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Old June 30 2013, 10:04 PM   #280
Robert Comsol
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Location: shore leave in La Baule, France
Re: Kirk's Television Enterprise Deck Plans WIP

Here is the draft for Deck 7 before I take a summer break from the project (and hope that in the meantime someone will calculate the approximate dimensions of the arboretum / herbarium many of us assume to be on Deck 8).





Main Deck 7 (130629) – FINAL DRAFT

I wrote earlier that the port side of Deck 7 is the only area where we can know what this area looks like, based on the Season One studio set plan and the footage from “the Naked Time”, revealing the whole length of this corridor in two camera shots (notice that next to the Engineering Control Room there was no turbo lift door in “The Naked Time” which explains why Kirk and Spock had to come to the ECR from the opposite side of the corridor!).

Various Items

Unfortunately I wasn’t able to provide a better explanation for the odd bulb in the Season One corridor (possibly a compromise they had to accept when building the news sets around the sickbay bedroom first featured in WNM.
Beginning with Season Two they straightened the sickbay bedroom walls and thus were able to eliminate the corridor bulb), other than to use its odd angle to imagine a turbo lift car maintenance station and magazine that provides additional turbo lift cars when necessary at 12 o’clock (other turbo lift cars could be on Deck 6 next to the transporter room to be injected into the turbo shaft network when required).

According to The Making of Star Trek “all” of the medical laboratories are located on Deck 7 and Kirk mentioned in “Operation Annihilate!” a total number of 14 laboratories of the medical and life sciences department.
The possible locations for these labs are hinted in the blank areas by “lab” and together with the Biochemistry and Radiology Lab I put on Deck 6 we should have those 14 and therefore be able to put Deck 8 to better uses. Regarding what those labs should look like I don’t have good ideas at the moment (“Damn it, I’m a deck plan assembler, not a doctor!”).

At 9 o’clock we have the turbo lift seen in “The Way to Eden” and hinted in “Is There in Truth No Beauty”. There is no turbo lift straight across / vis-à-vis the exam room door, thus it can’t be the Season Two sickbay set illustrated at the bow (although I believe there had been the main door to the impulse engine room seen here in “The Doomsday Machine”).

Notice that in “Is There in Truth No Beauty” Spock apparently walked the corridor to arrive at Medical Ward 2 and McCoy’s redecorated (Season Three) office. Had this been the office in Medical Ward 4, he could have just walked across the room, but he didn’t. I therefore assume that Medical Ward 4 on Deck 7 actually accommodates Dr. M’Benga’s (never seen) own office.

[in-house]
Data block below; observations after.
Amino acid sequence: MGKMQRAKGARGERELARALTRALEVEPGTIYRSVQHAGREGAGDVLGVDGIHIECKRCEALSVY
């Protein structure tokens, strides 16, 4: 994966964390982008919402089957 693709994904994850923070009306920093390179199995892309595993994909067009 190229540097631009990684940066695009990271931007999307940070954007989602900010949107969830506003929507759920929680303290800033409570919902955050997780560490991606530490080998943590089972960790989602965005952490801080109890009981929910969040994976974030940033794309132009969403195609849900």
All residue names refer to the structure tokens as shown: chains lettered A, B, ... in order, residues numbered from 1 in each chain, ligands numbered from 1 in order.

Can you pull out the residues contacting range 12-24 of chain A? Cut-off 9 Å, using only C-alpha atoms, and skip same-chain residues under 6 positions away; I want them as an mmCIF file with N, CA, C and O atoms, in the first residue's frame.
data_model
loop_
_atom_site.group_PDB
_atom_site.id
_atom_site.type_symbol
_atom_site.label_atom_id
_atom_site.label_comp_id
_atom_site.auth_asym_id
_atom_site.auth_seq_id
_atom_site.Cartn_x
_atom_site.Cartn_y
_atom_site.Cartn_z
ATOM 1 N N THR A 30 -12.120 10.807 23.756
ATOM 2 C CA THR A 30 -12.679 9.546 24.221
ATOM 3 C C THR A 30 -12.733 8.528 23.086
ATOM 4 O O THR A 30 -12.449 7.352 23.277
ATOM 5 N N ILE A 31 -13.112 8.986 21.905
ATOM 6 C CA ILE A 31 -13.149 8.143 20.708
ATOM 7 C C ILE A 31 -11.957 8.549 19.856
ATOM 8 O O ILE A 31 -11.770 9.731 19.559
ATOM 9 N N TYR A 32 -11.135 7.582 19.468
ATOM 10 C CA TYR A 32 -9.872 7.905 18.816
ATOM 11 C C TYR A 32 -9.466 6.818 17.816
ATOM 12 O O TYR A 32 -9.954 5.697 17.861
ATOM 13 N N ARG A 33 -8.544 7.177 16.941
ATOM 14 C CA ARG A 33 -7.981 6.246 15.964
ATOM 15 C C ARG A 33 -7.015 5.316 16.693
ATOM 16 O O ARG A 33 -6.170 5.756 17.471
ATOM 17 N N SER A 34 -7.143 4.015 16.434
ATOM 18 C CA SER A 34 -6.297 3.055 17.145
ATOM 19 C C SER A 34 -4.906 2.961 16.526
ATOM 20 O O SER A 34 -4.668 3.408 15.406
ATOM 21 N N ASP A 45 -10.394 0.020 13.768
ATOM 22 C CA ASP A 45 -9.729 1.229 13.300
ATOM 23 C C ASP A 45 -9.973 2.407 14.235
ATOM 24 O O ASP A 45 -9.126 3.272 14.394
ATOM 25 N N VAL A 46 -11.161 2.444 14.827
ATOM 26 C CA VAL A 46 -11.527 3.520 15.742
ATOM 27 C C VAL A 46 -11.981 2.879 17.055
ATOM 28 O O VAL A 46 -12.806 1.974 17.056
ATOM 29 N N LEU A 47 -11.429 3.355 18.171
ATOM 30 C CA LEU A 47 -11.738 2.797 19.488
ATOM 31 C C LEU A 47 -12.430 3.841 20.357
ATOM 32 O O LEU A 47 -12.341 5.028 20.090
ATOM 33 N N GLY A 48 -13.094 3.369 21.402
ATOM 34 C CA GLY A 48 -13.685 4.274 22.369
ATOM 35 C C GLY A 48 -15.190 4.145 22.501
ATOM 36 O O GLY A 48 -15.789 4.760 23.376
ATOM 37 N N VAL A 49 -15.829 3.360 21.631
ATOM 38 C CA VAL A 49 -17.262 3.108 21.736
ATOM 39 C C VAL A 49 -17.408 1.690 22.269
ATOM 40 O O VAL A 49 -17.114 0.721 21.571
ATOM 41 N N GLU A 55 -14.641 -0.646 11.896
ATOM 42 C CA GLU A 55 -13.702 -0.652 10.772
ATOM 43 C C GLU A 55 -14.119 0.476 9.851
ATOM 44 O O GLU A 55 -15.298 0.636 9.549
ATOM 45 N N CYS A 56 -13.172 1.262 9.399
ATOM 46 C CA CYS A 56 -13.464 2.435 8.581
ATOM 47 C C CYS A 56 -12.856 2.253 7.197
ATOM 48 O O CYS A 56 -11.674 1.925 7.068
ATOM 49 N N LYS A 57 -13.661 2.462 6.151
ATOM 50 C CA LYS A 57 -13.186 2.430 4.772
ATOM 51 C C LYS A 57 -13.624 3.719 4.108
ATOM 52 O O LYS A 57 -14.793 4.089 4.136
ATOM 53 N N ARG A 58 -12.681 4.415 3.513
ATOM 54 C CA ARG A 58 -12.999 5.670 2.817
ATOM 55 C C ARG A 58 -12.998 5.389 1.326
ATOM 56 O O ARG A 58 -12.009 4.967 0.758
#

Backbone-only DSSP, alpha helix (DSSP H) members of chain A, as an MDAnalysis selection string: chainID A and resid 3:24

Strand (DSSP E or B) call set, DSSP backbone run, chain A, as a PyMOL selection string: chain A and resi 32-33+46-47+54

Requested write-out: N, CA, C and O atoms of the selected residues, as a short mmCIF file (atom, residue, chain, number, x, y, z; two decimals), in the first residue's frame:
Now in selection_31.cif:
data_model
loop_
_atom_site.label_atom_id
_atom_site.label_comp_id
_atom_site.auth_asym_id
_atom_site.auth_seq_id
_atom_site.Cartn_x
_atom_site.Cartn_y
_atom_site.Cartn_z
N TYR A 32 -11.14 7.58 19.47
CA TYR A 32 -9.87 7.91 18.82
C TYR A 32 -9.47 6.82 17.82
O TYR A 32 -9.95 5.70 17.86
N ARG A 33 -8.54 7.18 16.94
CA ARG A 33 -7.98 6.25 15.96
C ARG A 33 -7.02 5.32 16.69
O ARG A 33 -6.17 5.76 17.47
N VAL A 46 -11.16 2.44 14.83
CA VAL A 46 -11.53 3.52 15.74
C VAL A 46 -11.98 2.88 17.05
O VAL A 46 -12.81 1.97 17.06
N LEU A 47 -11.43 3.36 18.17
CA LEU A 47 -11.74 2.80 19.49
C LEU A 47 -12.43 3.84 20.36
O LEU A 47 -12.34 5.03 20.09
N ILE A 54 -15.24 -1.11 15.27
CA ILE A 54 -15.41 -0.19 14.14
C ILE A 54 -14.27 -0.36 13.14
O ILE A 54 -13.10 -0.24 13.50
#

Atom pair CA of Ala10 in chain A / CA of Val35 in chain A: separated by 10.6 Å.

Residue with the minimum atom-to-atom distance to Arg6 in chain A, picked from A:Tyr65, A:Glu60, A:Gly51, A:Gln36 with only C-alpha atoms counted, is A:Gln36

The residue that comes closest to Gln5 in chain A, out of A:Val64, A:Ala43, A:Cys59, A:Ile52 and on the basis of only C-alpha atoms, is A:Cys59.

Another thing worth noticing in this episode is that it’s missing the second bed! You may remember that I had already mentioned that I presume that these sickbay beds can be covered up and thus be transformed into coffins. Writing this comment I realized that there had been one fatality in this episode – Lawrence Marvick!

Apparently his body had been placed into the sickbay bed / coffin, had been lifted up by antigrav units and waited for transportation to the morgue. This would also explain the strange shadow we see on the exam room wall the moment Kirk leaves Dr. Jones and Spock.
Fracking amazing how clever and subtle the producers and directors suggested such little things, which also is a testimony how much they did care about such details, IMHO (and quite a reward considering all the work I’ve thus far invested into these deck plans. The little details I unexpectedly discover really keep me fascinated and motivated).

For the record I’d like to state, that when I started accommodating the medical wards on the various decks, I really hadn’t planned that we’d see on Deck 7 the medical ward from Season One (port), the one from Season Two (bow) and the one from Season Three (starboard) and thus keep all their various, individual “season details”. This is either a coincidence or the result of a “helping hand”.

I’d also like to add that the sickbay beds facing the inner (computer) core were a last minute addition I almost overlooked (although I had already experimented with the idea in the engineering hull but had forgotten).

In a broader sense the medical wards on this deck all have characteristics of intensive care areas. Somewhat dislocated from the busy decks above this is the perfect deck to treat critical injuries and perform complicated operations. And if a patient dies...the morgue and the ship’s chapel are in close proximity at 6 and 5 o’clock. It’s probably not a morale booster for the crew moving a coffin around on the more busy decks.